Computer says ‘no’: How to nail an automated interview

Interviews with an automated system are popular in international schools but is there a knack to doing well when you have no audience? Caitlin Gray shares her tips

Caitlin Gray

International School Interview Tips

“Why do you want to work at our school?”

I’ve done my research. I give an impassioned explanation of how my educational philosophy is aligned with the school’s vision and mission statement. I explain what I have gleaned from their website and how I think I would be a perfect fit to join their team.

Beaming, I smile at the webcam hoping to come across as enthusiastic but not deranged. And what do I see?

A timer counting down the last five seconds of my time to respond to the question: 3. 2. 1. No nodding heads or the reassuring smiling faces of an interview panel. Then, the next question appears.

Automated interviews: how to succeed 

I have been teaching overseas for seven years and have become familiar with remote interviews via video call – they are commonplace in recruitment for international schools.

But during a recent application process, I was faced with a completely new experience, with the first stage of interviews being conducted through an automated interview system.

With candidates for international positions often based all over the world, interviewing across time zones can be a challenge and arranging panel interviews to include all stakeholders is not always possible.

A number of schools are now utilising automated interview systems to facilitate the initial stages of the recruitment process. During an automated interview, predetermined questions appear on the screen and answers are recorded via timed video response.

But how can you be successful when you have no audience? Here are a few top tips:

1. Get your surroundings right

Just like all video interviews, you need to ensure the environment around you is conducive to giving off the best impression. Consider your background to ensure it isn’t too distracting. Make sure the lighting in the room isn’t off-putting and that you are clearly visible.

2. Check your technology

The website for conducting your automated interview will allow you to check your computer settings before beginning. This ensures your set-up is appropriate, including your camera angle, video quality and microphone settings. Make sure your connection is as stable as possible and other people and devices aren’t draining the internet bandwidth.

3. Set aside time to prepare

With an automated system, you are free to complete the interview at any time you like during the time period provided by the school – usually a window of three to five working days.

When the specific date and time of interview has not been arranged, it can be tempting to keep putting off the interview in order to fit in a little more preparation time. However, if you leave it too long, you risk panicking trying to complete it at the last minute. Set aside a dedicated period of time to prepare yourself physically and mentally to undertake the interview.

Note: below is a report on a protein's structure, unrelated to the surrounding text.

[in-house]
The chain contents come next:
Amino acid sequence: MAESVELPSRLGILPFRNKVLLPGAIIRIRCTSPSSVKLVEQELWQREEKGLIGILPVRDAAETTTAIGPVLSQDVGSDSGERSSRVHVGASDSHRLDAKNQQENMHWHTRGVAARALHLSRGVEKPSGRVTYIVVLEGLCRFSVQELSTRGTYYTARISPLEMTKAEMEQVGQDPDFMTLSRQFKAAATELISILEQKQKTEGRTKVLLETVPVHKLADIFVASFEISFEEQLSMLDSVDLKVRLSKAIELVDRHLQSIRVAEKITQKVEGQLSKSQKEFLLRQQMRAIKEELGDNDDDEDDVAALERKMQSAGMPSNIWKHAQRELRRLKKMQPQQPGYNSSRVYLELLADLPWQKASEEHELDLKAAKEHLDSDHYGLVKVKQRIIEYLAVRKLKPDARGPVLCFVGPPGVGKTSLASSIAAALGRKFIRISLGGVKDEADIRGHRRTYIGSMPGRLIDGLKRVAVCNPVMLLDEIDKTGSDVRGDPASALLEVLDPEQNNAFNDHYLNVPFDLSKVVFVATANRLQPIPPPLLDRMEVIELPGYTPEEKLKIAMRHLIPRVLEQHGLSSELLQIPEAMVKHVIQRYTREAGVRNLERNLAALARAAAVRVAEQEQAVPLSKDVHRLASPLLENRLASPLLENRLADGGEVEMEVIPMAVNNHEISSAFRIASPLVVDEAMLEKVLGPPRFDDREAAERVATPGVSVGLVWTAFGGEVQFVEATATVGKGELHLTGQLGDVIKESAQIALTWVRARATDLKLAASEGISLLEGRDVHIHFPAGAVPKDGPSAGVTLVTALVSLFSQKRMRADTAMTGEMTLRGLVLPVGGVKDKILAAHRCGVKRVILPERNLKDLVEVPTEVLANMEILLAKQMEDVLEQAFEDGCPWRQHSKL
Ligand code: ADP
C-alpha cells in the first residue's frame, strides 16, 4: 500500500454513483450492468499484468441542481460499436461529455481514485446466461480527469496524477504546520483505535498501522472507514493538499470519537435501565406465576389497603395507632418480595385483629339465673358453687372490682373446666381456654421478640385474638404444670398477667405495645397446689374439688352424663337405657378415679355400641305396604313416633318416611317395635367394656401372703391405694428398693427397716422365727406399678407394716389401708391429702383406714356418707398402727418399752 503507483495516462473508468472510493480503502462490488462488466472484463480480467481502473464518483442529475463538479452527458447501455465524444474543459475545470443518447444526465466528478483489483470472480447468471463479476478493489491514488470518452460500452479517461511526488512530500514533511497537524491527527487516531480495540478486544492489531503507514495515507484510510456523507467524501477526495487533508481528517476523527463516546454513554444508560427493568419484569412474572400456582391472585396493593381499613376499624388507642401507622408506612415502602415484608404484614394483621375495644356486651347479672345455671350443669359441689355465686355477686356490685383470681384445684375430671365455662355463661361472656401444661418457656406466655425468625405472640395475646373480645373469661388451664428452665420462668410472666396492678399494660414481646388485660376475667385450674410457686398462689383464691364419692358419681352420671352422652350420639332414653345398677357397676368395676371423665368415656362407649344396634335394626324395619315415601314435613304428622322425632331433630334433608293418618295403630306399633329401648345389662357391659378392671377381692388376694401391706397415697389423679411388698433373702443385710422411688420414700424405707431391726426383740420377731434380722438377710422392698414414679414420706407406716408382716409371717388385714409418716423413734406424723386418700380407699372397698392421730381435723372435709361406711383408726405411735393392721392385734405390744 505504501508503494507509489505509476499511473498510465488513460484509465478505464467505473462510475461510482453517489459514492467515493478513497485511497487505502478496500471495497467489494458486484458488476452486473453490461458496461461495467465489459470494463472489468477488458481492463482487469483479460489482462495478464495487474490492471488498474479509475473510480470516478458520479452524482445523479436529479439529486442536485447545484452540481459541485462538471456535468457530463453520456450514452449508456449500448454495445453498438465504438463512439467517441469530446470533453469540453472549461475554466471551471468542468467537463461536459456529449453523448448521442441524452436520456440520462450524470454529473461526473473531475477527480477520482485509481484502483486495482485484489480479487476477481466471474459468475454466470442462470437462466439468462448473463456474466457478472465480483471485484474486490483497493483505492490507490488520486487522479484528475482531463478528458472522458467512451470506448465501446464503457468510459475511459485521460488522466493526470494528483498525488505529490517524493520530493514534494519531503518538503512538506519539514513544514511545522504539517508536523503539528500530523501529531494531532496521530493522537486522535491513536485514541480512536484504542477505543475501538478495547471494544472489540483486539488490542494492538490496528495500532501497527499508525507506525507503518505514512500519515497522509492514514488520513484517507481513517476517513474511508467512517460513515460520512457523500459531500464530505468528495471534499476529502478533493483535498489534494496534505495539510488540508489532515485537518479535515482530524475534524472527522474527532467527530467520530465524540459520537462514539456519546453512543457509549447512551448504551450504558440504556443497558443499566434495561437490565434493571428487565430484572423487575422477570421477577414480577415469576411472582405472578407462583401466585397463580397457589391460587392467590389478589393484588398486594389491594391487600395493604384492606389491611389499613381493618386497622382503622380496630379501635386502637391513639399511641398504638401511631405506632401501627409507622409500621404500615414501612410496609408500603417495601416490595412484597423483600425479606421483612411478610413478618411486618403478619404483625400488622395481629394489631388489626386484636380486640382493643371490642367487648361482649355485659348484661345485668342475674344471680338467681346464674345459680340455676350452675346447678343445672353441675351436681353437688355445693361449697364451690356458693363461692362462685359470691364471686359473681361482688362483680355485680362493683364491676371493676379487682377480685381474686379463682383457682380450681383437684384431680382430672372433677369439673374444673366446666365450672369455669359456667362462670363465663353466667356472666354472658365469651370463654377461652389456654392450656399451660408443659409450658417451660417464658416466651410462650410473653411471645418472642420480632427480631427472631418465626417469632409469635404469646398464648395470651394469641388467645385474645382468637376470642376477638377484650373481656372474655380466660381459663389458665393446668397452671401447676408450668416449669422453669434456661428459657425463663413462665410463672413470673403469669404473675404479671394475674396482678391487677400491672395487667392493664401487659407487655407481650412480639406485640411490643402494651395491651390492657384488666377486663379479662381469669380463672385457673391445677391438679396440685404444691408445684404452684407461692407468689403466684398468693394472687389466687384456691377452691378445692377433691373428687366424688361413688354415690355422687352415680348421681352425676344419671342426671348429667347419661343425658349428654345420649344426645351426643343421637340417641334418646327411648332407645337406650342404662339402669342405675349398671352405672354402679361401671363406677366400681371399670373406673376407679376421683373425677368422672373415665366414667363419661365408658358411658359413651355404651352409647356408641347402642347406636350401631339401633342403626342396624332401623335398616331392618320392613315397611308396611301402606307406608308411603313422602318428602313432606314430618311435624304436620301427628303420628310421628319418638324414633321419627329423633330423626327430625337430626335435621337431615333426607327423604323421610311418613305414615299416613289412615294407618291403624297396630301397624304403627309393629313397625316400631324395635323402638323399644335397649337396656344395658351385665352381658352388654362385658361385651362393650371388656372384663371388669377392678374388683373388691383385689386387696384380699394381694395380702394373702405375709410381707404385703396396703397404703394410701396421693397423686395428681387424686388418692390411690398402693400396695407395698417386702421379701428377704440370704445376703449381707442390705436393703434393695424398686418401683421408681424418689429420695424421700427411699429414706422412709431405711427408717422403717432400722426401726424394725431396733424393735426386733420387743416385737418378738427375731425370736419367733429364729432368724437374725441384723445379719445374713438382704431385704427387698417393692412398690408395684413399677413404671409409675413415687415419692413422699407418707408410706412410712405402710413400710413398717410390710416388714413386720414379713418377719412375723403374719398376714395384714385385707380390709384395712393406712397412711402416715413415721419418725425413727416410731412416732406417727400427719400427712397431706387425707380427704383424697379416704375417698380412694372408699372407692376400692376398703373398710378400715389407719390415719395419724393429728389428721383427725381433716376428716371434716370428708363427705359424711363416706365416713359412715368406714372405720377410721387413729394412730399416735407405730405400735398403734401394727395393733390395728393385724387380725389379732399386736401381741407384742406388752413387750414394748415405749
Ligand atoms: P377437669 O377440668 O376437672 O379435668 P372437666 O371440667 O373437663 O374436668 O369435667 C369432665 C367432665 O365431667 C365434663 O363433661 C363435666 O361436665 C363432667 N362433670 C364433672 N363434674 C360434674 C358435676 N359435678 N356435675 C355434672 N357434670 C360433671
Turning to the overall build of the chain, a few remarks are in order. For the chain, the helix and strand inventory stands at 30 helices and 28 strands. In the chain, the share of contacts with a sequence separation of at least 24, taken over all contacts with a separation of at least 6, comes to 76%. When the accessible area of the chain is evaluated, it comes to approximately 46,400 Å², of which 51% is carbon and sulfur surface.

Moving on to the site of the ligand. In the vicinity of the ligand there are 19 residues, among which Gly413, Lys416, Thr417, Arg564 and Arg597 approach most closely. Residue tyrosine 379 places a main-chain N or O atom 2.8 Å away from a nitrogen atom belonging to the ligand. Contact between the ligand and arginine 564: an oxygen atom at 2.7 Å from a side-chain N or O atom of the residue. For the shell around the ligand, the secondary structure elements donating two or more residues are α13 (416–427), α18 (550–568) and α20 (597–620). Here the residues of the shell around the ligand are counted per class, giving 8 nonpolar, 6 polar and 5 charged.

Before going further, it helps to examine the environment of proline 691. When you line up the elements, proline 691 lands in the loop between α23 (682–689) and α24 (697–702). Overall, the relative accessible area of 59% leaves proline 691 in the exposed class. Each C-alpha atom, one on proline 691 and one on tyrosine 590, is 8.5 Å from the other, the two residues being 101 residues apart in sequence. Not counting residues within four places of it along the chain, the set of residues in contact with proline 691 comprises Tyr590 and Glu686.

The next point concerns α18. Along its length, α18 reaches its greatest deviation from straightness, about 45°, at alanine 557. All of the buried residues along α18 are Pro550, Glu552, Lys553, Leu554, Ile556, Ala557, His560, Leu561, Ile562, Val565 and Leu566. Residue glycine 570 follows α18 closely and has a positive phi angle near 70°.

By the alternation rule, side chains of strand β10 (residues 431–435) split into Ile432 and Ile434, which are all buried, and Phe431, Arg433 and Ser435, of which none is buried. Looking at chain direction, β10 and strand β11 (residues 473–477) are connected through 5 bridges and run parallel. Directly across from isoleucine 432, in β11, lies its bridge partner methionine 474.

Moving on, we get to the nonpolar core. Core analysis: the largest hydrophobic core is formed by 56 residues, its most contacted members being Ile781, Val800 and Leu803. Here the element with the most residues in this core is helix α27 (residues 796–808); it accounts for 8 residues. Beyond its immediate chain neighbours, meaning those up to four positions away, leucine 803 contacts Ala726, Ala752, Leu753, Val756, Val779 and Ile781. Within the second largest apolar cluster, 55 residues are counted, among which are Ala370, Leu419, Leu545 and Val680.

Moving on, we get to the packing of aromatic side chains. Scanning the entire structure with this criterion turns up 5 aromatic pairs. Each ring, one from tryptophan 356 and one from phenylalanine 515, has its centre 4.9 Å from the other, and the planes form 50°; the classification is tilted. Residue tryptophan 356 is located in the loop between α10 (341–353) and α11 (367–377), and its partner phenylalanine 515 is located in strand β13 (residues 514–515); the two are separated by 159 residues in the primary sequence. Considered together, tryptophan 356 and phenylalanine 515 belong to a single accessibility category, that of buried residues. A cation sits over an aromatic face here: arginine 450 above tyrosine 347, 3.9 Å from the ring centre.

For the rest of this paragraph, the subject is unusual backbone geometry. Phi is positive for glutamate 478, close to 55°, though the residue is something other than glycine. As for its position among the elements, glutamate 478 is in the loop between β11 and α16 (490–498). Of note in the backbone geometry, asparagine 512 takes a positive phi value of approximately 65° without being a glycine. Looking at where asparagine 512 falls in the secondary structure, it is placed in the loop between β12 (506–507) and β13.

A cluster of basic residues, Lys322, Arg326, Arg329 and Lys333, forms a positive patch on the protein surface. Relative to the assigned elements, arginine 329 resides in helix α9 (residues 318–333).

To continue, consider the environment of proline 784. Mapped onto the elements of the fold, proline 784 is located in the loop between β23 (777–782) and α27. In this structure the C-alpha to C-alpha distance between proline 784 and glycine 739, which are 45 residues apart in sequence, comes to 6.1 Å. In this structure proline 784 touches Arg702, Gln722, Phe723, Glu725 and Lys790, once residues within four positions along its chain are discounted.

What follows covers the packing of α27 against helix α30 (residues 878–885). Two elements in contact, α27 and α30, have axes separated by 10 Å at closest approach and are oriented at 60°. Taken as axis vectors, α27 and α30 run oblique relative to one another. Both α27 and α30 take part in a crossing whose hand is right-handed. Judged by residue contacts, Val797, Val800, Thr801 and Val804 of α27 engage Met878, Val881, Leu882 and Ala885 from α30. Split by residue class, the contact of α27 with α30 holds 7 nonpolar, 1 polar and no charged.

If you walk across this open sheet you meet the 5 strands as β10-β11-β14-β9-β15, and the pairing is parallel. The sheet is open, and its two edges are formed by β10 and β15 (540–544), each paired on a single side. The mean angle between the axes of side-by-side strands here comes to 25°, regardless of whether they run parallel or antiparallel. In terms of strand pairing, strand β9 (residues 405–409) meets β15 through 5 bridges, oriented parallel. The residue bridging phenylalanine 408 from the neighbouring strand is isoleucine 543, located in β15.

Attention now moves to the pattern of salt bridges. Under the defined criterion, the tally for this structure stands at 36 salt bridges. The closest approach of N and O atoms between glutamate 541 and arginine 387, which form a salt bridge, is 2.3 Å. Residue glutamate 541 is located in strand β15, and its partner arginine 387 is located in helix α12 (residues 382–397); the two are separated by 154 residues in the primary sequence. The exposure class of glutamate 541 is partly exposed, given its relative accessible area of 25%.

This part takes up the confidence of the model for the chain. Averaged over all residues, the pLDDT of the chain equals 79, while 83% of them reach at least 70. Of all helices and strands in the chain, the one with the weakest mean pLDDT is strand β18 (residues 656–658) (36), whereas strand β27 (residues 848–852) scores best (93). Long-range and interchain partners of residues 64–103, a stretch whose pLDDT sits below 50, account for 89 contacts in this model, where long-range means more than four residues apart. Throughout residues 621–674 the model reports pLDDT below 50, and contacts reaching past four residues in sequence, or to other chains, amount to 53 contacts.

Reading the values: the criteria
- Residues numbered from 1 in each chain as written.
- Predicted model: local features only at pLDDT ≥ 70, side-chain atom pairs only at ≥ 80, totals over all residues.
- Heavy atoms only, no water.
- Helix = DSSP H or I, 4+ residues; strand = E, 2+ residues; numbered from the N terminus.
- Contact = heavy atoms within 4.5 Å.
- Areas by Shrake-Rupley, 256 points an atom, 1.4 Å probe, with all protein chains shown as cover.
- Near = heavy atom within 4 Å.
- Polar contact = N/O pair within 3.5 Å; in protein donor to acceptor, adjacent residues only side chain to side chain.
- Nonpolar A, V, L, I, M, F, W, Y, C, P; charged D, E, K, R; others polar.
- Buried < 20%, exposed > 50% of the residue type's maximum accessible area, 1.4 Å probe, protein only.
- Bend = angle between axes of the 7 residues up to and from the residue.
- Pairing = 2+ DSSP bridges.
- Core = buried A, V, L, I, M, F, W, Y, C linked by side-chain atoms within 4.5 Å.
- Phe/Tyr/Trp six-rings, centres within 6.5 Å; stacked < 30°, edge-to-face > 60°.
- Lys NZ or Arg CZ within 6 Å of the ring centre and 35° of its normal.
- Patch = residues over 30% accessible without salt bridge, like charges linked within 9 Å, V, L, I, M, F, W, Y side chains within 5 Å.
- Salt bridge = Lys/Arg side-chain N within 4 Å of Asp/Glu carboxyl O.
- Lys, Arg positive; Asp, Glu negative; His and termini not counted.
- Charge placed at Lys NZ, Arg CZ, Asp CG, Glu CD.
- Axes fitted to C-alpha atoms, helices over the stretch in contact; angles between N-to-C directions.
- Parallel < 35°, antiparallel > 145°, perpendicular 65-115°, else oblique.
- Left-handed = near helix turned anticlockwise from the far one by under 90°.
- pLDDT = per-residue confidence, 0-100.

4. Make the most of the practice session

Most automated interview systems provide an opportunity to practise before the real, recorded interview begins. Don’t skip this step! The practice works just like the real interview but your recorded responses here won’t be shared with the school.

You are usually offered one or two practice questions, allowing you to settle your nerves and get used to talking to a laptop. The practice also allows you to understand how the timers work. You will get a countdown timer for reading the question and considering your answer, and then a new timer for recording your response. Get a feel for what two minutes of talking feels like, so you don’t get cut off mid-way through an answer in the real interview!

5. Consider your responses carefully

In a normal face-to-face interview, a question is asked and then you begin answering straightaway. In an automated interview, there is a period of reading time set aside for you to read the question and consider your response. This can be anywhere from 30 seconds to two and a half minutes.

Make sure you have a notepad and pen handy to jot down some notes for your answer during this time. This helps to calm the nerves and allows you to consider the structure of your response before you begin.

6. Pay attention to the timer

You don’t want to get cut off half-way through a great response, so ensure that you monitor the timer. This way, you can aim to wrap up an example before you run out of time.

It can be quite intimidating to see the countdown ticking away as you try to formulate an articulate explanation of your experience. Try to practise giving concise responses to some standard interview questions in preparation for this.

As there is no physical interviewer present, there will be no follow-up questions asking you to expand upon the points you have made, so it is important to capture the most important information in your initial response.

7. Smile

Although it may feel like you are speaking into a void, it’s important to remember that this is your opportunity to sell yourself to the school. Be sure to begin and end each recorded response with a smile, and don’t be afraid to let your personality shine through despite the lack of visible audience.

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Caitlin Gray

Caitlin Gray is a secondary English teacher and Extended Essay Coordinator at an international school in Kuala Lumpur, Malaysia.

Find me on Twitter @missgray_eng

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